Violence too was done to the fabric of society, not only by apartheid and its migration and urbanization policies but also as a consequence of the divisions it created within families. Sam Mashaba spoke of the painful consequences of his brother's assimilation into apartheid structures and policies. The uprising itself cast a most chilling shadow over relations between the generations. Although many parents supported their children, many thought they had failed them in the past and had therefore propelled them into a violent present in which they were called upon to take up the tasks that were left undone by the generation that went before.15 (See: "Du Randt comments" in Chapter 2)


The inability of individual parents to protect children from police retribution, and the violence done to their dignity and authority by countless encounters with government administrators and the police, left parents powerless and speechless. At times it must have seemed as if their children spoke a different language. This was especially true with respect to the issue of education, where the older generation's investment and belief in education led to deep concern about and disagreement over the targets their children attacked. The ever present threat of the police and fear of parental interference made secrecy indispensable for the students, further disrupting the links between parents and their children and disrupting family ties that were already under severe strain. The most irrevocable disruption was, of course, executed by death. But secrecy also wrought its damage. Elliot Ndlovu lost his youngest son, Hastings, in the first encounter between police and the demonstrating students. But it was not to be the end. He had three other children:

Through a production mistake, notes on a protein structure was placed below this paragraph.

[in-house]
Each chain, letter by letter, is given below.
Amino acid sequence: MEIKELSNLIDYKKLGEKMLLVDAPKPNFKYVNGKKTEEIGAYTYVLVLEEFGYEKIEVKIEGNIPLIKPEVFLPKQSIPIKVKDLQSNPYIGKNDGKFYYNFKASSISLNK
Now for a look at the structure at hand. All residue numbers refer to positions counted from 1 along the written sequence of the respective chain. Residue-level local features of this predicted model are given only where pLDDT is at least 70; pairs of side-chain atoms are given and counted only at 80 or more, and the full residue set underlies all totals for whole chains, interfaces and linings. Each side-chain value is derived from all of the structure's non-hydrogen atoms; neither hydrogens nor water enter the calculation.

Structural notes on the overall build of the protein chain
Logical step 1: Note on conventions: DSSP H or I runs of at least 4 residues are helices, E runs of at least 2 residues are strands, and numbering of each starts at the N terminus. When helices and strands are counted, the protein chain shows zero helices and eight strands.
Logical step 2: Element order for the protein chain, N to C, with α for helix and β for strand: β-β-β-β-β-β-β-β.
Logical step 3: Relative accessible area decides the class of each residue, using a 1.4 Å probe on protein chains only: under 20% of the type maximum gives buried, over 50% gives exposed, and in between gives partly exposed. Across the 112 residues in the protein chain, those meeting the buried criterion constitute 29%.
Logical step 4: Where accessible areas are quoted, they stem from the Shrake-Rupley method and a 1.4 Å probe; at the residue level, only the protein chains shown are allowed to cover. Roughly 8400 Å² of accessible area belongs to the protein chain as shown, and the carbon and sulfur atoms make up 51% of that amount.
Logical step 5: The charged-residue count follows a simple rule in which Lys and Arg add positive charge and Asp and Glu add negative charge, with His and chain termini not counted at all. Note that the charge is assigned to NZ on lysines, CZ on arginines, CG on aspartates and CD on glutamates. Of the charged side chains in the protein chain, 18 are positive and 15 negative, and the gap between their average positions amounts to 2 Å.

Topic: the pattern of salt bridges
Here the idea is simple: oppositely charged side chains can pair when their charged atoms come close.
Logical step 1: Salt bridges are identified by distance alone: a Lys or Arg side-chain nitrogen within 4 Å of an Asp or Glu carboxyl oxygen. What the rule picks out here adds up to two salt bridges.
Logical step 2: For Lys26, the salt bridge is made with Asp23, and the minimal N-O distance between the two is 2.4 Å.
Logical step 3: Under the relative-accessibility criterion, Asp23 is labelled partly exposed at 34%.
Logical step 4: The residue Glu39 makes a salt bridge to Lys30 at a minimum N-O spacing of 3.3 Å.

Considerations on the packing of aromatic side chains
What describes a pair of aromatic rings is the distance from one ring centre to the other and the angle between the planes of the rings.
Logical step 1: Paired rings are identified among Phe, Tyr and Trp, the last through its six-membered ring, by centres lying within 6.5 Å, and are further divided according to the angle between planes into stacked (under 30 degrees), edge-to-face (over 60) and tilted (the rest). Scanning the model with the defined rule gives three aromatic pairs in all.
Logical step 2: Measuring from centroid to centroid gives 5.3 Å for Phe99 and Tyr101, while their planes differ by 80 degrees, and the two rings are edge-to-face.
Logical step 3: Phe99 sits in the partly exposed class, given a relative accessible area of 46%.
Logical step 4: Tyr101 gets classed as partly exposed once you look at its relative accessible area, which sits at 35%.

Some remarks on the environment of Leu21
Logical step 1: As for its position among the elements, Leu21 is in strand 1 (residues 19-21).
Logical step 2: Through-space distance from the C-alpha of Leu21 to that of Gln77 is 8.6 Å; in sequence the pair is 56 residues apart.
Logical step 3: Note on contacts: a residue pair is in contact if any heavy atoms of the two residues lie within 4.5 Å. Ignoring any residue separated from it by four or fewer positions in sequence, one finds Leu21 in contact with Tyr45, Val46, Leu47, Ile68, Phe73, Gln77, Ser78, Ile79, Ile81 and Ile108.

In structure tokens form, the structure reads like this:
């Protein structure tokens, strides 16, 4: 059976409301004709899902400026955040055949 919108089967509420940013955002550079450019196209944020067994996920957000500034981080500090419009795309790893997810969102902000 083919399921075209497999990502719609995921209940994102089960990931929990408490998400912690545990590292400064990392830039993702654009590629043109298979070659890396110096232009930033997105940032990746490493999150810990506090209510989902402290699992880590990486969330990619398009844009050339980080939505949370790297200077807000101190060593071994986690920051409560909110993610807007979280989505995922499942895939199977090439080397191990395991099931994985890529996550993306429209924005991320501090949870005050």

They decided to flee the country. I remember coming back late one night, and I found the house was full of students. If I come at home there, I find my children's friends here. I just greet and get into my bedroom there, and I sleep. That evening it was full of kids here, they were singing, happy, playing records here, and … in the morning everybody was gone. [long pause] … So, that's how they decided to leave the country. My wife was running a shop at Tladi, but after this incident, her health deteriorated to the extent that she had to linger. She never recovered. She died in '82, 1982 she died.16 (See TRC testimony: Elliot Ndlovu, testimony before the Truth and Reconciliation Commission, Human Rights Violations, Submissions - Questions and Answers, Date: 23 July 1996, Case: Soweto, Day 2: Human Rights Violations Hearings & Submissions, Hearing Transcripts, Johannesburg, Victim Hearings, 4. Soweto 22 - 26 July 1996, Elliot Ndlovu.)